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metadata.artigo.dc.title: Performance, carcass traits, meat quality and economic analysis of feedlot of young bulls fed oilseeds with and without supplementation of vitamin E
metadata.artigo.dc.creator: Machado Neto, Otávio Rodrigues
Ladeira, Márcio Machado
Chizzotti, Mário Luiz
Jorge, André Mendes
Oliveira, Dalton Mendes de
Carvalho, José Rodolfo Reis de
Ribeiro, Julimar do Sacramento
metadata.artigo.dc.subject: Cottonseed
Carcaça - Qualidade
Carne bovina - Qualidade
Bovinos - Alimentação e rações
Caroço de algodão
Soja na alimentação animal
Viabilidade econômica
metadata.artigo.dc.publisher: Sociedade Brasileira de Zootecnia Jul-2012
metadata.artigo.dc.identifier.citation: MACHADO NETO, O. R. et al. Performance, carcass traits, meat quality and economic analysis of feedlot of young bulls fed oilseeds with and without supplementation of vitamin E. Revista Brasileira de Zootecnia, Viçosa, MG, v. 41, n. 7, p. 1756-1763, 2012. DOI:
metadata.artigo.dc.description.abstract: The objective of this research was to evaluate average daily gain (ADG), carcass traits, meat tenderness and profitability of keeping cattle fed different oilseeds and vitamin E in feedlot. A total of 40 Red Norte young bulls with initial average body weight of 339±15 kg were utilized. The experimental design was completely randomized in a 2 × 2 factorial arrangement. The experiment lasted 84 days and experimental diets presented soybeans or cottonseeds as lipid sources associated or not to daily supplementation of 2,500 UI vitamin E per animal. The concentrate:roughage ratio was 60:40. Diets had the same amount of nitrogen (13% CP) and ether extract (6.5%). The data were analyzed by means of statistical software SAS 9.1. Neither vitamin supplementation nor lipid source affected ADG. There was no interaction between lipid source and vitamin supplementation for the variables studied. The inclusion of cottonseed reduced the carcass yield. There was no effect of diets on hot and cold carcass weights or prime cuts. The inclusion of cottonseed reduced the backfat thickness. No effect of experimental diets on the rib-eye area was observed. There was no effect of lipid source or vitamin supplementation on meat tenderness, which was affected, however, by ageing time. Diets with soybeans presented higher cost per animal. The utilization of soybean implied reduction of the gross margin (R$ 59.17 and R$ 60.51 for diets based on soy with and without supplemental vitamin, respectively, vs. R$ 176.42 and R$ 131.79 for diets based on cottonseed). The utilization of cottonseed enables improvement of profitability of feedlot fattening, in spite of negatively affecting some carcass characteristics.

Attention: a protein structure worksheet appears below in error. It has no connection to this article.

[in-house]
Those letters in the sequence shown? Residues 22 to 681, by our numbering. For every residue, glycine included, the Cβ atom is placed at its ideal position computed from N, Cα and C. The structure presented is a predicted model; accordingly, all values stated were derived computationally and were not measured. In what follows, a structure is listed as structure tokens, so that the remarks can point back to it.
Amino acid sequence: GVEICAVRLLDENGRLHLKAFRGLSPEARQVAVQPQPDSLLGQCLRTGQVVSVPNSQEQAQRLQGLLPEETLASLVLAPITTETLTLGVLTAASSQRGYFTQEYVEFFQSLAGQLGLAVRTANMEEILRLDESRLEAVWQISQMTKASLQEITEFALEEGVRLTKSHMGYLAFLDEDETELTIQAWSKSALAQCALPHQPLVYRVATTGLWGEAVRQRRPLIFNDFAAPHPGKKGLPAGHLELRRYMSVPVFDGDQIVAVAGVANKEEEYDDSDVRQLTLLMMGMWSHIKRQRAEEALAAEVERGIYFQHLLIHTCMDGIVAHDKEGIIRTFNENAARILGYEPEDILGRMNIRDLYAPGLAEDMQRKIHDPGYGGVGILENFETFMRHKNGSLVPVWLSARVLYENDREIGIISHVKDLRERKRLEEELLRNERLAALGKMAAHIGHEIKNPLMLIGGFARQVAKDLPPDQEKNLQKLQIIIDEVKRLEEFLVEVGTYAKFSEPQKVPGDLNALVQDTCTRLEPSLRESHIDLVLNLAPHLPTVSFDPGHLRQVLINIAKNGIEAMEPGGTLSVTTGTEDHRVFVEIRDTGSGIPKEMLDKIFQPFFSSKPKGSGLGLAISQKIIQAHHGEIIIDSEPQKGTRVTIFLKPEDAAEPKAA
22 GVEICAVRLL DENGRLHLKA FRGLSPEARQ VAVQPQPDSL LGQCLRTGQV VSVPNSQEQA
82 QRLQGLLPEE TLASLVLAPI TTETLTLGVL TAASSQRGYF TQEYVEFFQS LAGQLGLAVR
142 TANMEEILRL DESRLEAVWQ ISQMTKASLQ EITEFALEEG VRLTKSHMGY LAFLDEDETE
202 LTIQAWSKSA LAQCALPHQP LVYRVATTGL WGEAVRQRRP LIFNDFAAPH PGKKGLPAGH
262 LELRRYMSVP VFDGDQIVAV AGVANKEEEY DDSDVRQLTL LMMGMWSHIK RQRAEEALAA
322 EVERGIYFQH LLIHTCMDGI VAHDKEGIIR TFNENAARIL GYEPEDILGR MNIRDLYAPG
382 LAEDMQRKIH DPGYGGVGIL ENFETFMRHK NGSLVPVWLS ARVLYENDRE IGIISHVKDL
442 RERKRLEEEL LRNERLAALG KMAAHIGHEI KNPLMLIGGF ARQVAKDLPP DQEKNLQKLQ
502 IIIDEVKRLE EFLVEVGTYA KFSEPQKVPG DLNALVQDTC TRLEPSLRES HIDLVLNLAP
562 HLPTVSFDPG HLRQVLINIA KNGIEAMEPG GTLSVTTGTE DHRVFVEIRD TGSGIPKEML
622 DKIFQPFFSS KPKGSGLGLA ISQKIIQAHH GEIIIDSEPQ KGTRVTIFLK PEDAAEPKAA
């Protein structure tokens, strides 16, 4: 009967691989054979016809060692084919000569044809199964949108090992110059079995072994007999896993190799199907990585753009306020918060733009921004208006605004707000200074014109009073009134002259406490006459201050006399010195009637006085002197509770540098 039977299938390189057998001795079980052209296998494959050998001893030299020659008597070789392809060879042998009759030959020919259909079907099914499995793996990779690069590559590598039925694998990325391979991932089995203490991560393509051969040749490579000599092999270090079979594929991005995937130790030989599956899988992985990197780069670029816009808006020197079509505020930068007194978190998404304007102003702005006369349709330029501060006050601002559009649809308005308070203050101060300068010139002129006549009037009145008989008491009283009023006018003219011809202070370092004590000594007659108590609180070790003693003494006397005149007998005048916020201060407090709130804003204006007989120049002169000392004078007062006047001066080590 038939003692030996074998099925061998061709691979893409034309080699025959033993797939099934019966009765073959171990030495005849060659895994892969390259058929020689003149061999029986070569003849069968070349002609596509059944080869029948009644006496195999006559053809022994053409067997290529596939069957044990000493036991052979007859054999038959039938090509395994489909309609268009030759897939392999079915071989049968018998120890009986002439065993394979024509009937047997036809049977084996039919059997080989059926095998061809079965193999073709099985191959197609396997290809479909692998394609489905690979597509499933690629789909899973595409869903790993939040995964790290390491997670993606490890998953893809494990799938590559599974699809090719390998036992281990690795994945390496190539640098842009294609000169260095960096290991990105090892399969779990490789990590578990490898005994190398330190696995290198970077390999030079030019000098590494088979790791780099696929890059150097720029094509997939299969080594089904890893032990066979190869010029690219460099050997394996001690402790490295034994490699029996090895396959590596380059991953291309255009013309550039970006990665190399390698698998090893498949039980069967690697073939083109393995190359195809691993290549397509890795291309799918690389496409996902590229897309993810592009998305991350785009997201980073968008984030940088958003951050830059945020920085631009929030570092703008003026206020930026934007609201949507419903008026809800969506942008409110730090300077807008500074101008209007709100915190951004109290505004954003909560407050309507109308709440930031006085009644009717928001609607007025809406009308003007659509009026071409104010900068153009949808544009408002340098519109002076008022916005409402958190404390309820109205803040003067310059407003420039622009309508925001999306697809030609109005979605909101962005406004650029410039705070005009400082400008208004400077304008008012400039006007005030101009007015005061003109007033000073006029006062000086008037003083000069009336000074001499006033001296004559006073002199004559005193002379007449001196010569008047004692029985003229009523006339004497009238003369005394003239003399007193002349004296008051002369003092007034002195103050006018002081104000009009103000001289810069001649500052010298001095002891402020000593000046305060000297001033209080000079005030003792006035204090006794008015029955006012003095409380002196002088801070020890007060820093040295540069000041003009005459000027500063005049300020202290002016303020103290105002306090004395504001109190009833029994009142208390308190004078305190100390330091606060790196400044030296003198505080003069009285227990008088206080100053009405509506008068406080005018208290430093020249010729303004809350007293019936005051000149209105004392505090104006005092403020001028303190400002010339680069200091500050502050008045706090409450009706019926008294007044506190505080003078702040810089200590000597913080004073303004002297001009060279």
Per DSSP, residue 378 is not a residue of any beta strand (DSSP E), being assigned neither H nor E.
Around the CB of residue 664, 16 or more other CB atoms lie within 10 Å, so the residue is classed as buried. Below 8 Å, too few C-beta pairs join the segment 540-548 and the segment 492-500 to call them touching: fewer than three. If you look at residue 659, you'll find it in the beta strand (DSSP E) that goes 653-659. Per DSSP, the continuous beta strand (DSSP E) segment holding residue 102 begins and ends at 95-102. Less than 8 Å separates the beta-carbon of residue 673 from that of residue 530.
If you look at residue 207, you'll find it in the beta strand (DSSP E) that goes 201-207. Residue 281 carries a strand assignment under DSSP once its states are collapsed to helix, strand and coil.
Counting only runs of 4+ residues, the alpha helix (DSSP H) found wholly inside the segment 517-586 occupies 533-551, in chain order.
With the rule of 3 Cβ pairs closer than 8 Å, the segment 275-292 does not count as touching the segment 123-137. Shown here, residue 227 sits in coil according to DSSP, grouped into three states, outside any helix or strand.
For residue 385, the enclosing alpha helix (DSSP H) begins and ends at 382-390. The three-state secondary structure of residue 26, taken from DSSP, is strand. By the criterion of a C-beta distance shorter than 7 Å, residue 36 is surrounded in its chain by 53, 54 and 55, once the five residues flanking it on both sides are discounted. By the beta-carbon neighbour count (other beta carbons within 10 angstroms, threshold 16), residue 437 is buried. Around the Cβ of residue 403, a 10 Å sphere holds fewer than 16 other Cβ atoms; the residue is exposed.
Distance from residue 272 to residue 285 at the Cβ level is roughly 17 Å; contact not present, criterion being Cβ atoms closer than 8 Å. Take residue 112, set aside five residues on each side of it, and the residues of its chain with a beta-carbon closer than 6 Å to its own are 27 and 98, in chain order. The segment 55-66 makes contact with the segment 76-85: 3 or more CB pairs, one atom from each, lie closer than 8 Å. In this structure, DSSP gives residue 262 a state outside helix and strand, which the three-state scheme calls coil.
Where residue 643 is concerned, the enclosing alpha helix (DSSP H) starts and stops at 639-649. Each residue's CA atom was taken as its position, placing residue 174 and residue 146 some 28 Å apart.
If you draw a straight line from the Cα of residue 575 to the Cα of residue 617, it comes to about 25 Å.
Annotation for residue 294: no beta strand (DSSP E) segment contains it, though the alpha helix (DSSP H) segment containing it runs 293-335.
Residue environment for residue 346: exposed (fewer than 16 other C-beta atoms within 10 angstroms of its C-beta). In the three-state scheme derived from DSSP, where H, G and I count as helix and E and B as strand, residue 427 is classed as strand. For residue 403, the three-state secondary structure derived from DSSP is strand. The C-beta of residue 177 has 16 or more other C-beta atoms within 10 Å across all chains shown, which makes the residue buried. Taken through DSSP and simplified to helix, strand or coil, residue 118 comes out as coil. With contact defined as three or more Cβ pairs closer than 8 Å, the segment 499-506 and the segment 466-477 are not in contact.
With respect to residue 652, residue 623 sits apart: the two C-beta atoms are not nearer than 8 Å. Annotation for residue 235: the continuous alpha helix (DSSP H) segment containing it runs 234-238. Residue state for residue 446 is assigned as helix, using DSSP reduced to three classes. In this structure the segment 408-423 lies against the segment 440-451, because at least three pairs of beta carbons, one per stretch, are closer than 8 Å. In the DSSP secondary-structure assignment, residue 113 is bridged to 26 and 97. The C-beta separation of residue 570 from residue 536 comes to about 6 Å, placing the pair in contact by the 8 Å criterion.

metadata.artigo.dc.language: en
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